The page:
To put it another way: How do you know that your own self exploration of your mind through the process of thinking has been conducted more efficiently then others exploration of your mind through other means (brain scans, conversations, etcetera)? Is your mind truly more private then your brain (Indeed, how much more is known about your brain then your mind? I know your brain is a 2-3 pund lump of gray matter that metabolizes oxygen and carbohydrates. I know your mind probably works under an assumption of empirical reality with causation, you study philosophy, and because of these things-mostly the first- you are probably a political liberal.)? I am reminded of the cliché of an elderly woman exercising unearthly patience in dealing with an irate character, remarking “He’ll come around eventually,” in supreme confidence that she understands the inner workings of the irate character’s mind even better then he does.

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  6. I agree with the points that we can (or will with increasing accuracy) be able to assess the contents of experience from the 3rd person perspective. And there is evidence that our cognitive facility for introspection can actually mislead us.

    But the lesson from Nagel is that the phenomenon of private first person experience itself is a real and irreducible feature of nature. It is not eliminated by the success of our third person accounts.

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  7. There's another aspect-- the idea that the mind exists apart from the brain in a non-physical sense. I went to a neuroscience conference at UCLA on this subject. Apparently, subjects by willpower alone can reshape the connections in their brains. Examples: porn addicts, stroke victims, meditation, etc. The mind as distinct from the brain may be an important aspect of the argument for existence beyond the physical realm.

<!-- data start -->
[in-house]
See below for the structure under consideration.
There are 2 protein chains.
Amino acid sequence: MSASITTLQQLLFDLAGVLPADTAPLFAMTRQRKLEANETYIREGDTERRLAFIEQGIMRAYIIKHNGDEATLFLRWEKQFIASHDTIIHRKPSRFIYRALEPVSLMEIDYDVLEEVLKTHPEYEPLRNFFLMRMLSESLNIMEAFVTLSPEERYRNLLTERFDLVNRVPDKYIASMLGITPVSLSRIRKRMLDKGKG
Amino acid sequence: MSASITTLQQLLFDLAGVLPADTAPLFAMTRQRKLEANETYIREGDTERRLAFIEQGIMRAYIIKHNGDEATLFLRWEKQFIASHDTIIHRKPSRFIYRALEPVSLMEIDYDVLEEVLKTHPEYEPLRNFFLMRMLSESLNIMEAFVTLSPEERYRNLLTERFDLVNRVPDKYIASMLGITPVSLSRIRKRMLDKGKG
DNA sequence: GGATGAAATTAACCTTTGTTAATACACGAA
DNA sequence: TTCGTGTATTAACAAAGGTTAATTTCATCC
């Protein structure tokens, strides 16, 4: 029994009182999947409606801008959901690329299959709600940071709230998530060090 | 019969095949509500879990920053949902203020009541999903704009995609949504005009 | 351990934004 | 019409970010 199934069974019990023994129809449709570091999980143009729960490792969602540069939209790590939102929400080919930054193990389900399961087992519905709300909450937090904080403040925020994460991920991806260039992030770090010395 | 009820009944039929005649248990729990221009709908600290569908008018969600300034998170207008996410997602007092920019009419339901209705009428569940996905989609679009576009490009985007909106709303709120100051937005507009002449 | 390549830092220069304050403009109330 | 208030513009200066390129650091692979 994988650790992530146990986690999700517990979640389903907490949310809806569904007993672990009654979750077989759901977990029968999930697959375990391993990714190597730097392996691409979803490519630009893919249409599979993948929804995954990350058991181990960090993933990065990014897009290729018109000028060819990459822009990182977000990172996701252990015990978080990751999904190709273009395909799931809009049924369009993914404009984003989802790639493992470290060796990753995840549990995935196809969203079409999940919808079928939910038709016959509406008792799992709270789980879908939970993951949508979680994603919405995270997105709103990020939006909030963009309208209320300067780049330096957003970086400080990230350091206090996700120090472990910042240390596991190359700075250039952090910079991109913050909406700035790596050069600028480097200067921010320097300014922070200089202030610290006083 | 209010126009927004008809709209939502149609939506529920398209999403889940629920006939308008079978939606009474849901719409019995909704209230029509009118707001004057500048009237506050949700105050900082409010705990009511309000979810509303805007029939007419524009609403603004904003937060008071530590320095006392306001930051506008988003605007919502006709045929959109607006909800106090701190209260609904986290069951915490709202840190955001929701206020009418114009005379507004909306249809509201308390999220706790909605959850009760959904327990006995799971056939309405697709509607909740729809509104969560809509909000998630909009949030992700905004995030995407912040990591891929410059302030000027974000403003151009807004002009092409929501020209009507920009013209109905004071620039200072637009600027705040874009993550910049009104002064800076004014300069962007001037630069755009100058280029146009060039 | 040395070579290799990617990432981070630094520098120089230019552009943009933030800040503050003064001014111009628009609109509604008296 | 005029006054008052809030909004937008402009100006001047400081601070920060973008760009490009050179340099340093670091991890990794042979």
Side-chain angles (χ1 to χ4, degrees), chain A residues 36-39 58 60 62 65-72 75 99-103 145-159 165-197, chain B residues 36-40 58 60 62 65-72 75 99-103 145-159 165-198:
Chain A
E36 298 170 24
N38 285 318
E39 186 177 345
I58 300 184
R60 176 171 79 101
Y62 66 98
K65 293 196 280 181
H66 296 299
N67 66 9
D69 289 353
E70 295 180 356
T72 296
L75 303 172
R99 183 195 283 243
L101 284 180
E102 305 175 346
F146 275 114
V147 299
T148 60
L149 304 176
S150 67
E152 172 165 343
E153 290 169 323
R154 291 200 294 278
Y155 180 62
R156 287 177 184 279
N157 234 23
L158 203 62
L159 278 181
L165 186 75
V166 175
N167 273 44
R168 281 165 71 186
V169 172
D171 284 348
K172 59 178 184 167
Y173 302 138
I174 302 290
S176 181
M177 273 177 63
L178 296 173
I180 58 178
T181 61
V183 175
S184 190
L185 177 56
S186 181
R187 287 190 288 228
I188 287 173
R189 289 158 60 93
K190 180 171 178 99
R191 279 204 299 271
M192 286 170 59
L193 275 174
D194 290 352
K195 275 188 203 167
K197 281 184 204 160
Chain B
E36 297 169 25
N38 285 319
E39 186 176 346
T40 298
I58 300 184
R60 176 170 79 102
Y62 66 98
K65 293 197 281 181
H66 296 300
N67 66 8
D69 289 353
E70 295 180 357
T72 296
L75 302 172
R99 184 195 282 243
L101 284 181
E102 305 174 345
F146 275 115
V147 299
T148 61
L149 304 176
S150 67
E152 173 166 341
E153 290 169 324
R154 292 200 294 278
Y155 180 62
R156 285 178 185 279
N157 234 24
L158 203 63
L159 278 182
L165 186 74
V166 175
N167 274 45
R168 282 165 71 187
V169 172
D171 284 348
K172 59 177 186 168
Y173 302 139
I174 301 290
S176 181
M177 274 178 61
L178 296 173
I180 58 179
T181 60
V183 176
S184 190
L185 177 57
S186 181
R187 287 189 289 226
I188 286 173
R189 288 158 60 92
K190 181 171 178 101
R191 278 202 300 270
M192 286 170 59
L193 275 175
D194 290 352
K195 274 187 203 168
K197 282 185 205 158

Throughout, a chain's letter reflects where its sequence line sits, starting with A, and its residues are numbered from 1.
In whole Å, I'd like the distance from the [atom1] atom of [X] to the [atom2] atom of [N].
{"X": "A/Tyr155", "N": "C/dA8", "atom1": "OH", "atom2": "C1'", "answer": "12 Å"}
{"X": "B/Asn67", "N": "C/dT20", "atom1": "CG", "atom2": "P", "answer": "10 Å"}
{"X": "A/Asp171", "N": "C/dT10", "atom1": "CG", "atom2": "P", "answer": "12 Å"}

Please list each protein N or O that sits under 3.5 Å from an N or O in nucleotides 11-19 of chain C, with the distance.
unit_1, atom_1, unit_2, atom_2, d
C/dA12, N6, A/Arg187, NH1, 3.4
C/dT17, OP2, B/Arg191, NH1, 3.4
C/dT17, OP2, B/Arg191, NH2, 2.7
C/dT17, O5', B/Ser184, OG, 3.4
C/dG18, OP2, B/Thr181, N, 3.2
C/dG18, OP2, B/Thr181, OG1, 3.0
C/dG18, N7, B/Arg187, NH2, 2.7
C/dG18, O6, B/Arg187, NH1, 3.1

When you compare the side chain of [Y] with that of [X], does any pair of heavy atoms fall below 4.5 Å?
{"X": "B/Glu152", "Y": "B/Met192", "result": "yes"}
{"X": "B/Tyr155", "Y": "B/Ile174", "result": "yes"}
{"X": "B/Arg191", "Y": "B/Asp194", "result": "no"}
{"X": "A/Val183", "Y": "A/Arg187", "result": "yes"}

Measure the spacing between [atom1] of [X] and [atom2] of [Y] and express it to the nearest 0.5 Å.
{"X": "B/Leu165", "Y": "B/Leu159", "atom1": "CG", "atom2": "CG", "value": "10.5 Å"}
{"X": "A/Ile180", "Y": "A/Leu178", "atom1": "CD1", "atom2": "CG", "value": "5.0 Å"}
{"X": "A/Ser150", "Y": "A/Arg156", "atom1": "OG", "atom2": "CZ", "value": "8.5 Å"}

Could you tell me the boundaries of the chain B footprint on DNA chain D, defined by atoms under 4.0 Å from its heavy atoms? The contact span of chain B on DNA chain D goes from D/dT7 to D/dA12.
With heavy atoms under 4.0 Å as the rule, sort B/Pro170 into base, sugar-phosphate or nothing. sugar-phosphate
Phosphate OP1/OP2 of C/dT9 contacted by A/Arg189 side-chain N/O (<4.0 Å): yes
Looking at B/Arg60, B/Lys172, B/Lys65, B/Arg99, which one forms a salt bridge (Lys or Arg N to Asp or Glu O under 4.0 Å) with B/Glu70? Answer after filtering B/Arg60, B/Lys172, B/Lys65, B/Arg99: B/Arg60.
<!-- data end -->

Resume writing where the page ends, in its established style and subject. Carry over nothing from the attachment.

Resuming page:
Provacative post, by the way.
    -John

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  8. Re the previous comment:

    "Apparently, subjects by willpower alone can reshape the connections in their brains."

    I find the phrase "by willpower alone" highly problematic here. If it means "without overt physical intervention" -- without exercise, medication, etc. -- then there's no problem. To be a metaphysically interesting claim, though, the claim would have to be that these neural reconnections came about uncaused by any other brain events. Whether or not that could ever be experimentally confirmed, my (semi-informed) guess is that it's beyond our capacities now.

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  9. Quote -- I find the phrase "by willpower alone" highly problematic here. If it means "without overt physical intervention" -- without exercise, medication, etc.

    One would suggest that meditation for example is an intervention, and an 'exercise' just as much as an 'outside' influence. I don't doubt that ones neurons and thus whole balance of mental state is being altered by the practice. To the meditator it appears to proceed from 'willpower', -ie an abstract 'mind'-, but this initial intent springs from the previous balance of learning and experience and desire. All of which are part of the neural net and balance as well.
    Hmm. so i say, unthinkingly assuming the truth of this!
    So one asks then .... how could we ever prove that every particular thought occurred with some physical/neural parallel? You could never detect sufficient detail of the brains operation to ABSOLUTELY prove it I think .. given the immensity of fine detail of the brain and the dificulty of accessing it outwardly.
    One relies in the end, on more general assumption.

    David L.

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  10. Hmm, lots of interesting comments here. I had completely overlooked the obvious point (made by Clark and others) that we can often infer mental states from behaviour, not just brain scans.